US9838369B2 - Restricting broadcast and multicast traffic in a wireless network to a VLAN - Google Patents

Restricting broadcast and multicast traffic in a wireless network to a VLAN Download PDF

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US9838369B2
US9838369B2 US15043561 US201615043561A US9838369B2 US 9838369 B2 US9838369 B2 US 9838369B2 US 15043561 US15043561 US 15043561 US 201615043561 A US201615043561 A US 201615043561A US 9838369 B2 US9838369 B2 US 9838369B2
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vlan
frames
stations
group key
access point
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US20160277375A1 (en )
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Mohan Ram
Sung-wook Han
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Fortinet Inc
Fortinet LLC
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    • HELECTRICITY
    • H04ELECTRIC COMMUNICATION TECHNIQUE
    • H04LTRANSMISSION OF DIGITAL INFORMATION, e.g. TELEGRAPHIC COMMUNICATION
    • H04L63/00Network architectures or network communication protocols for network security
    • H04L63/06Network architectures or network communication protocols for network security for supporting key management in a packet data network
    • H04L63/065Network architectures or network communication protocols for network security for supporting key management in a packet data network for group communications
    • HELECTRICITY
    • H04ELECTRIC COMMUNICATION TECHNIQUE
    • H04LTRANSMISSION OF DIGITAL INFORMATION, e.g. TELEGRAPHIC COMMUNICATION
    • H04L45/00Routing or path finding of packets in data switching networks
    • H04L45/58Association of routers
    • H04L45/586Virtual routers
    • HELECTRICITY
    • H04ELECTRIC COMMUNICATION TECHNIQUE
    • H04LTRANSMISSION OF DIGITAL INFORMATION, e.g. TELEGRAPHIC COMMUNICATION
    • H04L49/00Packet switching elements
    • H04L49/35Application specific switches
    • H04L49/354Support for virtual LAN, VLAN tagging or multiple registration, e.g. according to IEEE 802.1q
    • HELECTRICITY
    • H04ELECTRIC COMMUNICATION TECHNIQUE
    • H04LTRANSMISSION OF DIGITAL INFORMATION, e.g. TELEGRAPHIC COMMUNICATION
    • H04L63/00Network architectures or network communication protocols for network security
    • H04L63/10Network architectures or network communication protocols for network security for controlling access to network resources
    • HELECTRICITY
    • H04ELECTRIC COMMUNICATION TECHNIQUE
    • H04LTRANSMISSION OF DIGITAL INFORMATION, e.g. TELEGRAPHIC COMMUNICATION
    • H04L63/00Network architectures or network communication protocols for network security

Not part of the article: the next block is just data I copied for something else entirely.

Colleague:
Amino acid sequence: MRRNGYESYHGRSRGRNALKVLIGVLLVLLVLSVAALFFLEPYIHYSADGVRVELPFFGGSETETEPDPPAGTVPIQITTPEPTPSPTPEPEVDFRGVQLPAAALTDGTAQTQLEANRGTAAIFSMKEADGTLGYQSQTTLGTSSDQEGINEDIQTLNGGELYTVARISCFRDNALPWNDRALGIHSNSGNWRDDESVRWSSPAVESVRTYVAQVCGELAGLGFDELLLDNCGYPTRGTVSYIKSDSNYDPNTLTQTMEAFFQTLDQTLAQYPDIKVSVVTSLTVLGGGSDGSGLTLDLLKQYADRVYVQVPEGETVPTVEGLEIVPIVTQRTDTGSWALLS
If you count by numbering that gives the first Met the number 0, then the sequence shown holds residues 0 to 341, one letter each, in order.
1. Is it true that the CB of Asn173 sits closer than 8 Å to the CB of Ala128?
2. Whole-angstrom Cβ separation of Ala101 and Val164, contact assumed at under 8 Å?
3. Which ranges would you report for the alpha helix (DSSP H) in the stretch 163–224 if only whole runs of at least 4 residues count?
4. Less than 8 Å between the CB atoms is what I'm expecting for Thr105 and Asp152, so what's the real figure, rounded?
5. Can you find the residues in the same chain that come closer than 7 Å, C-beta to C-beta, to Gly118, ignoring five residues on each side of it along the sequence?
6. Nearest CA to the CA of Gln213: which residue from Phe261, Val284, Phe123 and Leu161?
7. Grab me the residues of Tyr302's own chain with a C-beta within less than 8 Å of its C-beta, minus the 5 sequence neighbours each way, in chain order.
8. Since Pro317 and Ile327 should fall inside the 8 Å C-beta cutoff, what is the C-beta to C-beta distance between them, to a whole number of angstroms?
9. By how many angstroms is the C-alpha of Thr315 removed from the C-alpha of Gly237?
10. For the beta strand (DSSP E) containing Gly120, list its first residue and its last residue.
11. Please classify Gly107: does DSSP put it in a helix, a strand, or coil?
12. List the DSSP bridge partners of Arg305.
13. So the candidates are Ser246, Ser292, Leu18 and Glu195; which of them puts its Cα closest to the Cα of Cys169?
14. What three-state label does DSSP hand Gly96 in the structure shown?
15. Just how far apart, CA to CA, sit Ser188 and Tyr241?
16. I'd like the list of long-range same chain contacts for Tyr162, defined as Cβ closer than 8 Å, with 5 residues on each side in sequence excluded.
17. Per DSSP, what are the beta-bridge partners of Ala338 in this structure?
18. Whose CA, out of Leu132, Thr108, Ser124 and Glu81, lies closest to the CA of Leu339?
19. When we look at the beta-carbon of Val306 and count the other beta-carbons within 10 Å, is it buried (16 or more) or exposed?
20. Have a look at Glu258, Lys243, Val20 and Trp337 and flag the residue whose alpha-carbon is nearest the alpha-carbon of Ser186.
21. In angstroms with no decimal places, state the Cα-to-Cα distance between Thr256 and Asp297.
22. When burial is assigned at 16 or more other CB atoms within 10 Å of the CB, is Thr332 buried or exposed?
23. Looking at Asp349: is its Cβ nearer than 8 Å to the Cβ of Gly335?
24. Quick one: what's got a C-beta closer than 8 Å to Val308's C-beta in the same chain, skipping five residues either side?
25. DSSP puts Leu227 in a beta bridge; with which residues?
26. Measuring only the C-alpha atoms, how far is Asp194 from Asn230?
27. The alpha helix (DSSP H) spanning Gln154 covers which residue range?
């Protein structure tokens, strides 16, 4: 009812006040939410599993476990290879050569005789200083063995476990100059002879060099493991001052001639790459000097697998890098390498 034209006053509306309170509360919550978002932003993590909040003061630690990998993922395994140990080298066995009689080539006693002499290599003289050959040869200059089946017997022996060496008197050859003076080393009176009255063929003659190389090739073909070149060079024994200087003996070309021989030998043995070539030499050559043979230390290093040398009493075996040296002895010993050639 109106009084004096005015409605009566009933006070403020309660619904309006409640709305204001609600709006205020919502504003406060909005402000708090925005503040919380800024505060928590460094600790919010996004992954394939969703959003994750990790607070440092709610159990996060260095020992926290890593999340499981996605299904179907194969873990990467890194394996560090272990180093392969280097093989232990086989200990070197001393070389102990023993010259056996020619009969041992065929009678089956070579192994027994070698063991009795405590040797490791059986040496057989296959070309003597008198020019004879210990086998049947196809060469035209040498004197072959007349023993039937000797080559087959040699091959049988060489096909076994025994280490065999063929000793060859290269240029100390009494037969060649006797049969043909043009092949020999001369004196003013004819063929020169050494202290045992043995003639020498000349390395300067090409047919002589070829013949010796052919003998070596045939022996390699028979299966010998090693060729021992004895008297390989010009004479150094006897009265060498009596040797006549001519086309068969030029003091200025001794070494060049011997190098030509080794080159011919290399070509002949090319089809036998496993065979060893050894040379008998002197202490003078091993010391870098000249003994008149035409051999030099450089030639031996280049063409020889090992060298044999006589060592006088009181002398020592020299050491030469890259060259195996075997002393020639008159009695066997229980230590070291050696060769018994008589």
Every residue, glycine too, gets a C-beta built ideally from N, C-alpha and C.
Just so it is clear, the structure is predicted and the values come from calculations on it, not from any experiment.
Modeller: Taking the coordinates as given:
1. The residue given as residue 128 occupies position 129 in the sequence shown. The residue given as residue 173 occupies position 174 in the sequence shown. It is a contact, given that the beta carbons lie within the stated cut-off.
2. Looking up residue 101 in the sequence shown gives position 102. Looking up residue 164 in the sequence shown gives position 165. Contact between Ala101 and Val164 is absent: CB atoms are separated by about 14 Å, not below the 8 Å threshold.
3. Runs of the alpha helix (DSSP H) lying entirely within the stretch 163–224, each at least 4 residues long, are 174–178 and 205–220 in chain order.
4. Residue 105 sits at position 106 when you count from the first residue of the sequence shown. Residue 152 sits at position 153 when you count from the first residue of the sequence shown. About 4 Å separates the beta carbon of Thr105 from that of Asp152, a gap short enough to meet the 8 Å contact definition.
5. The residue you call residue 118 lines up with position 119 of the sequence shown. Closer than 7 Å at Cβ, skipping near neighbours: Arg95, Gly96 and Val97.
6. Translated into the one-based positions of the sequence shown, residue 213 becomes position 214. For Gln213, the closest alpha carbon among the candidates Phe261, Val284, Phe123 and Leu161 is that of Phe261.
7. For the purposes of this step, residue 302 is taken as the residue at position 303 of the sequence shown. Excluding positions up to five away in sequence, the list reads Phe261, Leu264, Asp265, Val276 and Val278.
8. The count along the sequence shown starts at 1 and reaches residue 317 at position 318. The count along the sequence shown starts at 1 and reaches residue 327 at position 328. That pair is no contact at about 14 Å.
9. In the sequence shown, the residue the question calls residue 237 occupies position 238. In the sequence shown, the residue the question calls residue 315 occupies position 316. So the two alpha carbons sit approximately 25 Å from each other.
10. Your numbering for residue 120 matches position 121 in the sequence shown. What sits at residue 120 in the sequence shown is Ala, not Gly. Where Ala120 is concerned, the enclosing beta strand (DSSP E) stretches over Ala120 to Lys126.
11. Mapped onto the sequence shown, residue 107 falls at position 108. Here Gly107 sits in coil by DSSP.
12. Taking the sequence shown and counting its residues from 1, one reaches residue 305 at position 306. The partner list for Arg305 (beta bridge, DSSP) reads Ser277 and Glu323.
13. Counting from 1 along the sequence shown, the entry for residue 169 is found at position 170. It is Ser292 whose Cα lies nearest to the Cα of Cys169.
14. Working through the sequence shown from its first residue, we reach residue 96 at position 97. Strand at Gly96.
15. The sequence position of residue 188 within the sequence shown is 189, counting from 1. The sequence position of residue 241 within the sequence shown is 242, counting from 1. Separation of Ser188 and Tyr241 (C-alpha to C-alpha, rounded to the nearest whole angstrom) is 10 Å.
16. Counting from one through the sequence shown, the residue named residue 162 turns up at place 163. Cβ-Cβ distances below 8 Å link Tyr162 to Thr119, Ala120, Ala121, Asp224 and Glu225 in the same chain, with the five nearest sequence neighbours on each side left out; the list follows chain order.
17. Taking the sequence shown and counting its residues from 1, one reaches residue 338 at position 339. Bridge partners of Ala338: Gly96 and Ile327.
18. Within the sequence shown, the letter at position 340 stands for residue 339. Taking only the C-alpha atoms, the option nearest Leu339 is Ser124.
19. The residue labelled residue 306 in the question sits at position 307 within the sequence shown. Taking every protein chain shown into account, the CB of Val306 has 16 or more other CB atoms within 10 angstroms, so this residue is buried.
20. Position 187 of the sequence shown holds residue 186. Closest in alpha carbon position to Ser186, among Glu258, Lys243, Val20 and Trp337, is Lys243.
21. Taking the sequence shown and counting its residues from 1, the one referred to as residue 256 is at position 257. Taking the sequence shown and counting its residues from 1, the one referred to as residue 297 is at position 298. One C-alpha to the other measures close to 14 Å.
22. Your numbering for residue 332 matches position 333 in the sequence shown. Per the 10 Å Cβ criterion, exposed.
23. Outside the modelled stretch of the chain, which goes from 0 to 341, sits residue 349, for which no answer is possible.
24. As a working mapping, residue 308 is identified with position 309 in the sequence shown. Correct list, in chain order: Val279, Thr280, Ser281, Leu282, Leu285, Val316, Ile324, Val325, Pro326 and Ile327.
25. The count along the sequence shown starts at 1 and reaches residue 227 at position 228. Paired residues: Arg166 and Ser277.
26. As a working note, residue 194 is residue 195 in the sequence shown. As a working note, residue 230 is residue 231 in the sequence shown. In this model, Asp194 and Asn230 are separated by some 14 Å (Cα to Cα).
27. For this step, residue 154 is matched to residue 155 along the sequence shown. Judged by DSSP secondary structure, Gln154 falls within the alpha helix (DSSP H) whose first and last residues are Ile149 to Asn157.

• H04L63/10Network architectures or network communication protocols for network security for controlling access to network resources
    • H04L63/104Grouping of entities
    • HELECTRICITY
    • H04ELECTRIC COMMUNICATION TECHNIQUE
    • H04WWIRELESS COMMUNICATIONS NETWORKS
    • H04W12/00Security arrangements, e.g. access security or fraud detection; Authentication, e.g. verifying user identity or authorisation; Protecting privacy or anonymity
    • H04W12/04Key management
    • HELECTRICITY
    • H04ELECTRIC COMMUNICATION TECHNIQUE
    • H04WWIRELESS COMMUNICATIONS NETWORKS
    • H04W12/00Security arrangements, e.g. access security or fraud detection; Authentication, e.g. verifying user identity or authorisation; Protecting privacy or anonymity
    • H04W12/08Access security
    • HELECTRICITY
    • H04ELECTRIC COMMUNICATION TECHNIQUE
    • H04WWIRELESS COMMUNICATIONS NETWORKS
    • H04W36/00Handoff or reselection arrangements
    • H04W36/08Reselecting an access point
    • HELECTRICITY
    • H04ELECTRIC COMMUNICATION TECHNIQUE
    • H04LTRANSMISSION OF DIGITAL INFORMATION, e.g. TELEGRAPHIC COMMUNICATION
    • H04L12/00Data switching networks
    • H04L12/02Details
    • H04L12/16Arrangements for providing special services to substations contains provisionally no documents
    • H04L12/18Arrangements for providing special services to substations contains provisionally no documents for broadcast or conference, e.g. multicast
    • H04L12/189Arrangements for providing special services to substations contains provisionally no documents for broadcast or conference, e.g. multicast in combination with wireless systems
    • HELECTRICITY
    • H04ELECTRIC COMMUNICATION TECHNIQUE
    • H04WWIRELESS COMMUNICATIONS NETWORKS
    • H04W88/00Devices specially adapted for wireless communication networks, e.g. terminals, base stations or access point devices
    • H04W88/08Access point devices

Abstract

Traffic broadcast to a VLAN is restricted. To do so, a plurality of stations are associated with a BSSID (basic service set identifier). A first VLAN is configured by sending a first group key to each station from the plurality of stations that is a member of the first VLAN, wherein each VLAN is associated with a unique group key. One or more frames addressed to the first VLAN are received. The one or more frames are encrypted with the first group key to prevent stations without the first group key from being able to decrypt the one or more frames. The one or more encrypted VLAN frames are broadcast to the plurality of stations associated with the BSSID.

Description

CROSS-REFERENCE TO RELATED APPLICATIONS

This application is a continuation of U.S. application Ser. No. 13/772,358, filed Feb. 21, 2013, entitled RESTRICTING BROADCAST AND MULTICAST TRAFFIC IN A WIRELESS NETWORK TO A VLAN, by Mohan Ram, et al., the contents being hereby incorporated by reference in its entirety.